EVERYONE and their sister said it needed to be longer, and I entirely believed them, until I compared the measurements with my favorite T-shirts (and thought about my short torso) and DIDN'T make it longer.  And it is too short.  I am sure this has something to do with my bust, though I don't quite understand why it's different from my T-shirts.  I need to try it on again and figure out what to do – rip it all out? but given that summer was all-but-over when I tried it on, I lost the will to go on and for now it is sitting.  Sad.  I also don't love the way the single crochet around the edges looks – I couldn't figure out how not to make big holes.

*     *     *

My other knitting screw-up, not as serious:  I finally went back to work on the second sleeve of the cardigan I am knitting for Auden, only to realize that not only the number of stitches I had started the sleeve with, but also the number of stitches I had ended the FIRST sleeve with, matched absolutely nothing in the pattern.  Apparently,  *cough*, mistakes were made. So I have ripped out half of the first sleeve and am plugging away at re-doing that.

I started a pair of socks for the plane trip to California:  Conwy from Knitting on the Road in Fleece Maiden Basic Merino, which I LOVE. Love the colors, love the way it looks and feels.  (I hope they're going to fit – I've switched from 2s to Knitpicks 1.5s, without readjusting my numbers ... I'm livin' on the edge.)  

And for mindless TV knitting (Sarah Connor Chronicles!!!) plain ribbed socks from Trekking XXL.

And now fall is in full swing, with always too much to do and not enough time to do it. I am going to try to stop and breathe more. I'll let you know how that goes. :)

Monday, May 12, 2008

What Hath Spring Sprung?

It has been way too long since I've posted.  I've been knitting a lot, though.  And thinking of lots of things I want to say, here or somewhere, and just not finding the time.  I'll try to catch up a little!

It has been a very busy spring.  We have officially joined the ranks of over-scheduled families.  (Is there a badge?)  It happened SO quickly; I didn't see it coming.  Eli wanted to play Little League, but he was not going to give up cello (nor did we want him to) nor Hebrew/Sunday school (he would give that up, and I would let him, but his father feels strongly that the pain of religious education must be handed down from generation to generation.)  And recitals and science fairs and Auden wanted to play soccer ...  And my parents were here visiting from California this week, and last weekend was a reunion with my college roommates, and this week the children are in a play and next week I have a concert with rehearsals all week ... next year something may have to go!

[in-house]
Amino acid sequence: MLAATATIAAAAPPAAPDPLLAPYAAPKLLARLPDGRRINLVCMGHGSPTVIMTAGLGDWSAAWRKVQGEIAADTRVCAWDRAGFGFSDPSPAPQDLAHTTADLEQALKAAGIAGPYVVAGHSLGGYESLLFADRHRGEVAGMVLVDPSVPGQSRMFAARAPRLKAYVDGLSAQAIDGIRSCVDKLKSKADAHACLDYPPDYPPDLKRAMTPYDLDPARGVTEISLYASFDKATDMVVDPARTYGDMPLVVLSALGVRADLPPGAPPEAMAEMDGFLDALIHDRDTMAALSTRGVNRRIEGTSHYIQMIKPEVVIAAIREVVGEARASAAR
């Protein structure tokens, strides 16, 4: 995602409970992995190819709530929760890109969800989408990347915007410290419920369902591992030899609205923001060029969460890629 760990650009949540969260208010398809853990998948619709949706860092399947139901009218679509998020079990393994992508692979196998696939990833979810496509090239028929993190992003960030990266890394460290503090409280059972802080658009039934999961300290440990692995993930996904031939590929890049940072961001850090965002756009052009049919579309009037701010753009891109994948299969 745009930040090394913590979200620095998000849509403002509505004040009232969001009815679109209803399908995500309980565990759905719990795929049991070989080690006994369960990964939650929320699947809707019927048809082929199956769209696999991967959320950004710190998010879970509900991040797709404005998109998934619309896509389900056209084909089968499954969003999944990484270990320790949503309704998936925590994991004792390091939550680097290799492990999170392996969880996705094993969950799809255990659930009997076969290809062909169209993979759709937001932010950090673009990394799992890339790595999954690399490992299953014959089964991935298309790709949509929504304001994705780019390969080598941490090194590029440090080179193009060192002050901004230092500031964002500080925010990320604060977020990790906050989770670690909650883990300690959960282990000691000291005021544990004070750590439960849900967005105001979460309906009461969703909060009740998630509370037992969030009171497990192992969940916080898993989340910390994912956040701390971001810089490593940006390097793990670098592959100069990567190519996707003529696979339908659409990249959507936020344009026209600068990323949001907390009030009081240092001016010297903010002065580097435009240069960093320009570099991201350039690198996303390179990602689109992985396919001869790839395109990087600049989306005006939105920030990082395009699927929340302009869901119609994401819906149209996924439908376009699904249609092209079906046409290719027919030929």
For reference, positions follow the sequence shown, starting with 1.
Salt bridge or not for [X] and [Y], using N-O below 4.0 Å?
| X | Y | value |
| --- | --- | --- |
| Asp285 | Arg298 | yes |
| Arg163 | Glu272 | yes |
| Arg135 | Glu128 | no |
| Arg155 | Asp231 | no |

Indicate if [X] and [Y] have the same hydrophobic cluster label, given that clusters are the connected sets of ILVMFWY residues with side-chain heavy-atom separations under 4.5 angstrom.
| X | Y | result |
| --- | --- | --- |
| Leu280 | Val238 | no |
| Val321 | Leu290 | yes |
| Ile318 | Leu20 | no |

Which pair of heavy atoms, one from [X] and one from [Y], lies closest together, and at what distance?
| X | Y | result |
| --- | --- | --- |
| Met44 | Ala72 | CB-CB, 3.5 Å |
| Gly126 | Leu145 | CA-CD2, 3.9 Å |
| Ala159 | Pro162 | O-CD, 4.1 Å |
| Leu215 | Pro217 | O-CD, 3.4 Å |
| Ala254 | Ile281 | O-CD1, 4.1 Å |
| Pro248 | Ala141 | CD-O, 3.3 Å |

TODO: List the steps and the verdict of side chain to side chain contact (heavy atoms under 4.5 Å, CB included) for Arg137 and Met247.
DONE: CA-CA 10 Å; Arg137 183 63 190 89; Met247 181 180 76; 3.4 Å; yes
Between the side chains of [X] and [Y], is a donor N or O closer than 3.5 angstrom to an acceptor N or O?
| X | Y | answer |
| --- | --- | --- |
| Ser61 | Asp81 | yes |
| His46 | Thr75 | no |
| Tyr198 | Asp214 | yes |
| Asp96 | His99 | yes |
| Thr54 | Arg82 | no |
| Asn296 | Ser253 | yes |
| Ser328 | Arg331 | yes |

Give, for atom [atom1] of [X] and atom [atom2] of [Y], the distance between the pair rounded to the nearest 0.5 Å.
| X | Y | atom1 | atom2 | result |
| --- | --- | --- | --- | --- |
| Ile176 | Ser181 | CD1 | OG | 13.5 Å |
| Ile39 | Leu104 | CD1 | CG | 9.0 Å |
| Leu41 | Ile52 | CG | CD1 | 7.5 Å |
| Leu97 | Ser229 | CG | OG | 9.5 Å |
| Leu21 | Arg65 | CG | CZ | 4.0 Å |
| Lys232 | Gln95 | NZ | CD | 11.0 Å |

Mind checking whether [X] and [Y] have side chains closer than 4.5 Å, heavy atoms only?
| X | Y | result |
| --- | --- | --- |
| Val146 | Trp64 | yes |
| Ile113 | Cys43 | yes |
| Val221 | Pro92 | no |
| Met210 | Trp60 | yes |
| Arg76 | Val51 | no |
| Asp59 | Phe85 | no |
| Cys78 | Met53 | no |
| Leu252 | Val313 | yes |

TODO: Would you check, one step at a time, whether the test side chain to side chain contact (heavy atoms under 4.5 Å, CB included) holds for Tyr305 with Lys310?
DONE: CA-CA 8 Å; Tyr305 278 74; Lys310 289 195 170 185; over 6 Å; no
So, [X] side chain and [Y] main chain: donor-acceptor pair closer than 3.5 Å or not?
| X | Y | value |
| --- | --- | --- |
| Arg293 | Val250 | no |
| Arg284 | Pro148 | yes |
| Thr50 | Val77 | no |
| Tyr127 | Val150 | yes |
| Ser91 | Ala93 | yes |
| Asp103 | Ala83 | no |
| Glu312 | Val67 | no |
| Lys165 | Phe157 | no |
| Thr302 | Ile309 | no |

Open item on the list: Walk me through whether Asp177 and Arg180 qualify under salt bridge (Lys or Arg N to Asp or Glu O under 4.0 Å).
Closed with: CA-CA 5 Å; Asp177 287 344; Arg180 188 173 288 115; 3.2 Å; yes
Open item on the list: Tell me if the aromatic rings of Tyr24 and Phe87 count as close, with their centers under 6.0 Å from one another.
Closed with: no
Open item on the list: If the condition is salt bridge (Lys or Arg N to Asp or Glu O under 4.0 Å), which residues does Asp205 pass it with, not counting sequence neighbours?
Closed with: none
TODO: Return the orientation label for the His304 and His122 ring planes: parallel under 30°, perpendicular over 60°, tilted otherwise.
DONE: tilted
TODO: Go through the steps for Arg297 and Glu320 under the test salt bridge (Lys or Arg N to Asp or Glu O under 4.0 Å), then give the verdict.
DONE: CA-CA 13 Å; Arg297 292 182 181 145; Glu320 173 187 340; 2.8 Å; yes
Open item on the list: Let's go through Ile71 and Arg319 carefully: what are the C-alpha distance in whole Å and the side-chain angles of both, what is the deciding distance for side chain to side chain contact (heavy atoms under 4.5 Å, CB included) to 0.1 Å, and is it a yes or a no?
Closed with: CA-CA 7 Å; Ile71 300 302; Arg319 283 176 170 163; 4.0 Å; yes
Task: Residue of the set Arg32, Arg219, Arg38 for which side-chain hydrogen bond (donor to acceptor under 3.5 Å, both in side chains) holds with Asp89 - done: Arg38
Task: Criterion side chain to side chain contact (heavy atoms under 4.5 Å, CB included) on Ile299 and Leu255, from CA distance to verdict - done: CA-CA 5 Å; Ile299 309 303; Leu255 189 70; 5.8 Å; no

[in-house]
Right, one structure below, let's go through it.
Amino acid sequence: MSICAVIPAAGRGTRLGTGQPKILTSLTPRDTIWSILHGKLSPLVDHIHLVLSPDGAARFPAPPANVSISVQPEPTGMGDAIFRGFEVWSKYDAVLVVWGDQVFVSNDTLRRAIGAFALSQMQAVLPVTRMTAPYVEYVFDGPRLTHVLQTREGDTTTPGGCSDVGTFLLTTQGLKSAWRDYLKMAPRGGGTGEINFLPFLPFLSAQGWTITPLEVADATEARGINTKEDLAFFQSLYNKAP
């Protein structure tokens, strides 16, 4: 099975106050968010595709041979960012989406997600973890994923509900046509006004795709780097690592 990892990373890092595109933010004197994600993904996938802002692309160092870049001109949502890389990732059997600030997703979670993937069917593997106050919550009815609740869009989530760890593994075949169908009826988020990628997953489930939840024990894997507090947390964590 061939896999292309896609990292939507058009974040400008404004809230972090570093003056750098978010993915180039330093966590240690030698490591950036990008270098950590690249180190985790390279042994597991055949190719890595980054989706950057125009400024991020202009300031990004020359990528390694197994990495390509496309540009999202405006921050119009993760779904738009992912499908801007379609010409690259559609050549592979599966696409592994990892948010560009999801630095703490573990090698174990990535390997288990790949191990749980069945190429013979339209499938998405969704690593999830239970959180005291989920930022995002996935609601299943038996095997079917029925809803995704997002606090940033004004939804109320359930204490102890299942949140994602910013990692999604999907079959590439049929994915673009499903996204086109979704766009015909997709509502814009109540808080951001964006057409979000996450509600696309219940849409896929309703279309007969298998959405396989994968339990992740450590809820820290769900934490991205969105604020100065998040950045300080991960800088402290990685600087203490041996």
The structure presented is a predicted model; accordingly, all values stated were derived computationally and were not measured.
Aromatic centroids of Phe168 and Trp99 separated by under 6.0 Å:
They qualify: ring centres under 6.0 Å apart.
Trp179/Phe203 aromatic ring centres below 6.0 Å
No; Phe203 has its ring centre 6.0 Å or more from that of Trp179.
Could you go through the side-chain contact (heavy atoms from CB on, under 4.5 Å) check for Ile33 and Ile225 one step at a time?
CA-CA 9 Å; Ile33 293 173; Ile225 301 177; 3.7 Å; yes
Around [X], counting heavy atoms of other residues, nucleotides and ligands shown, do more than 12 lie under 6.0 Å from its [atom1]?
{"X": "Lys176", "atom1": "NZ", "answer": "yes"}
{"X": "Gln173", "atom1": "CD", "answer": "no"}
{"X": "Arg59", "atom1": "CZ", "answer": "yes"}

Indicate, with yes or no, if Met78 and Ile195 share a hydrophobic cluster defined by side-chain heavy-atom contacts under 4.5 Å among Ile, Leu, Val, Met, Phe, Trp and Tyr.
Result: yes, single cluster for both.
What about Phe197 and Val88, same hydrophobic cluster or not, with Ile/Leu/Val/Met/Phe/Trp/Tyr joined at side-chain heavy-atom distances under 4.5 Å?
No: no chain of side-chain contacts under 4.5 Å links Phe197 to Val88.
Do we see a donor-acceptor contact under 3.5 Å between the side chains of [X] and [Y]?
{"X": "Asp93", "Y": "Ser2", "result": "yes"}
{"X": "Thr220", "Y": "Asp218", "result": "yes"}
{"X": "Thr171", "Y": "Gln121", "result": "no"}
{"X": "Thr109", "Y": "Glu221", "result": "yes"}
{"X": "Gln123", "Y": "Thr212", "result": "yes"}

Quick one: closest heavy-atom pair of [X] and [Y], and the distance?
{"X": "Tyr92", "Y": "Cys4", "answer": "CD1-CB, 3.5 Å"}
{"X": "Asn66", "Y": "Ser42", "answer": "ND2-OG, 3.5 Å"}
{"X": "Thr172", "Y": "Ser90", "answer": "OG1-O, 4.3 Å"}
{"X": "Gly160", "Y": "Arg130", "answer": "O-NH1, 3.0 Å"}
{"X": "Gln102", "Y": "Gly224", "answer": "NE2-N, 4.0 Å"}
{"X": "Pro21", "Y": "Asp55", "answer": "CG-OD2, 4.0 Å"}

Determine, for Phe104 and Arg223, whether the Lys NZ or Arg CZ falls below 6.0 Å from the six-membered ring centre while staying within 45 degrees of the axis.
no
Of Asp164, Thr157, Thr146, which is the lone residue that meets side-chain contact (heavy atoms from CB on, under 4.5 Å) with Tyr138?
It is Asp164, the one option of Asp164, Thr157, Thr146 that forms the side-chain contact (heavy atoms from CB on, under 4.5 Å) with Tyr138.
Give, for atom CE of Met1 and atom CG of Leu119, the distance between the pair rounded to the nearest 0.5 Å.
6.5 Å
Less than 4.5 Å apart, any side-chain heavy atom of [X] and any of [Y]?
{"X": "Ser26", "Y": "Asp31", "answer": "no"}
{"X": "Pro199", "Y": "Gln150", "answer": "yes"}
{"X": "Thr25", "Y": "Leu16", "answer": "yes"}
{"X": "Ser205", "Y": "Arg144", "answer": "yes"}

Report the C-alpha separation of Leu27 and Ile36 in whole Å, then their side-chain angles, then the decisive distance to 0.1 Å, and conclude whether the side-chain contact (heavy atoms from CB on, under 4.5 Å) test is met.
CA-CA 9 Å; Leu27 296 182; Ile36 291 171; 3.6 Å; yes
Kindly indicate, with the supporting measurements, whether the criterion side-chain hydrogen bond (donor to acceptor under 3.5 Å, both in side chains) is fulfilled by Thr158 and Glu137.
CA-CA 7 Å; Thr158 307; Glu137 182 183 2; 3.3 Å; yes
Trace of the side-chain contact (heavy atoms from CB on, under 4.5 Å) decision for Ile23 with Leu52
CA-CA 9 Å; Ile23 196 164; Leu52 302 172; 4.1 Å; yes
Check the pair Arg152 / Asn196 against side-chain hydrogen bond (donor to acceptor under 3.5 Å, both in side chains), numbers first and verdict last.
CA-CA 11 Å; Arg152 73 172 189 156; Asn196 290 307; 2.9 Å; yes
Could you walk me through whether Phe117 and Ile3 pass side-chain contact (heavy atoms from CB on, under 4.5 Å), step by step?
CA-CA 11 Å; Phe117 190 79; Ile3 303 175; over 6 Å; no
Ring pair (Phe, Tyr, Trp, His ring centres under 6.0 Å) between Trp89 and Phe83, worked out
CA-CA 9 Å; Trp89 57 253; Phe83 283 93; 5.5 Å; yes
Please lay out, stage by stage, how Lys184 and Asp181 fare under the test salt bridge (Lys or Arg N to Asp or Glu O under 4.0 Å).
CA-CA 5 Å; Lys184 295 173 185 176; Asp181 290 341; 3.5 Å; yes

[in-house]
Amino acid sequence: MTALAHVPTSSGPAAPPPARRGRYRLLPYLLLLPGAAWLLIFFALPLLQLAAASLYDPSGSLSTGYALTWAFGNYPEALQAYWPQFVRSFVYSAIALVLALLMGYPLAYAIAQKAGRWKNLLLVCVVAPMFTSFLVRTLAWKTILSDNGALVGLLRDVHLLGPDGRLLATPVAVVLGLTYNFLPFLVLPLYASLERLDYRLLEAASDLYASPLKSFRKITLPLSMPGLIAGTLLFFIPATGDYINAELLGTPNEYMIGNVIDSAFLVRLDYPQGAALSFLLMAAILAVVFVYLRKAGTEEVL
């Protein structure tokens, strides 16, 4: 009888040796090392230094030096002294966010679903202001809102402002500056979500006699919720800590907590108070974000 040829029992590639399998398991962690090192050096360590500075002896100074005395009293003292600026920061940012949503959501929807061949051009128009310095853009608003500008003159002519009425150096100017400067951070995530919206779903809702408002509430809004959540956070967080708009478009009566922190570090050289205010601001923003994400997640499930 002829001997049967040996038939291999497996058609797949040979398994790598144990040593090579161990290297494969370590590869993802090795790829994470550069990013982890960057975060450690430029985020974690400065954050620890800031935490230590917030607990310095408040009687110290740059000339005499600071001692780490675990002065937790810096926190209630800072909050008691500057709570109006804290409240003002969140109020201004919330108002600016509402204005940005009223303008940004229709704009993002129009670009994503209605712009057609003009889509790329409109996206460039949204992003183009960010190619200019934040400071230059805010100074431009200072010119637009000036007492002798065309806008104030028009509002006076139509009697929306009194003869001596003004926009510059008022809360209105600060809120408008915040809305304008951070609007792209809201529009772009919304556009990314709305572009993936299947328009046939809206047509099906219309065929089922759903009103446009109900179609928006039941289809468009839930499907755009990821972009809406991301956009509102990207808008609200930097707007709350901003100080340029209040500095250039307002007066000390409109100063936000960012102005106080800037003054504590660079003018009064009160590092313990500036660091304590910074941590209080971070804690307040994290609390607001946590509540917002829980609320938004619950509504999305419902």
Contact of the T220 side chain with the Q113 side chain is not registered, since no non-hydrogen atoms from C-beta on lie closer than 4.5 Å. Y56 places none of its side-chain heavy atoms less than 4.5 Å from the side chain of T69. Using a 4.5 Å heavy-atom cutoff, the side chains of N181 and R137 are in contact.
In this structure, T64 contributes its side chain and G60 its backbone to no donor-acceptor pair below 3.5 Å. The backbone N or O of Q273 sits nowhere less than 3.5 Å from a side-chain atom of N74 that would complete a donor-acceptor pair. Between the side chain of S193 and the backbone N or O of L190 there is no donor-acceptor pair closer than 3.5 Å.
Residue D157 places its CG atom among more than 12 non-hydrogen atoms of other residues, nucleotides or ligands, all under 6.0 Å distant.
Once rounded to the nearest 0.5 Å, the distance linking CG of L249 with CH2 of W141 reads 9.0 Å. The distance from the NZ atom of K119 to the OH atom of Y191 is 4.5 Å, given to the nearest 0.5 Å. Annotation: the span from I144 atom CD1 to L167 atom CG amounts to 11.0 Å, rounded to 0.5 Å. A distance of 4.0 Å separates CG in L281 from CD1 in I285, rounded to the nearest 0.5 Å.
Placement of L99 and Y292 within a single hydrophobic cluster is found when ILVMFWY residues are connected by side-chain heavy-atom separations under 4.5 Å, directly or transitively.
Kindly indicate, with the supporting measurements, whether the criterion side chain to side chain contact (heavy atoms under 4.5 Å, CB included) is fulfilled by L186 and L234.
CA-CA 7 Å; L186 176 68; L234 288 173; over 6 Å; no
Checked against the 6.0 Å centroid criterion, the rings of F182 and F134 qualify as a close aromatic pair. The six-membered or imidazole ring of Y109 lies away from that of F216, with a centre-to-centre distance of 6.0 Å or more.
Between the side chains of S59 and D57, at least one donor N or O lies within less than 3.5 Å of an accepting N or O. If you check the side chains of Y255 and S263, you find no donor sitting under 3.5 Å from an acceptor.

Knitting (combined with mindless television) has been a great stress-reducer.  Except all my knitting has been going wrong!

I started this sweater for Auden, Gretel by Penny Straker, but even though I swatched very carefully, my gauge got much tighter when I knit in the round and the sweater was clearly going to be too small.  Now I am bored of so much stockinette and think I will knit her a cardigan from Rowan Pipsqueaks instead, even though I love the Gretel and have heard wonderful things about Penny Straker patterns.

And then there were the socks for Will, which I went great guns on until it became clear I was going to run out of yarn; I don't know why I thought one skein of Cherry Tree Hill DK was going to be enough, but I did.  So I thought I'd make the toes gray, with leftover Lorna's Laces, and then I ran out of THAT and now the toes are purple and gray. *sigh*  They are not the things of beauty I once envisioned, though I know the toes won't show, and I haven't been able to get motivated to finish them off.

THEN I decided to make the cabled purse from Last-Minute Knitted Gifts for my friend Julie's 40th birthday, using the leftover Koigu from the scarf I made my friend Alison for her 40th birthday.  I didn't check gauge, and halfway through the purse was coming out VERY tiny! About 3" wide instead of the 5.25 called for in the pattern.  I couldn't bear to rip it out – it's not a hard pattern but it's a little bit fussy – so I went ahead and finished it and managed to spray-block it (around a plastic container lid) to about 5".  Hopefully it will stay that way!  It is a fun way to use Koigu; much quicker than socks and a better spring/summer gift than a scarf, I think.  This could be my go-to girlfriend gift.

Still plugging along on my cabled cardigan; no disasters there, thank goodness!

I will try to be back sooner.  Thank you for putting up with me!  And thank you all for your wonderful comments, which I love reading despite my lack of replying.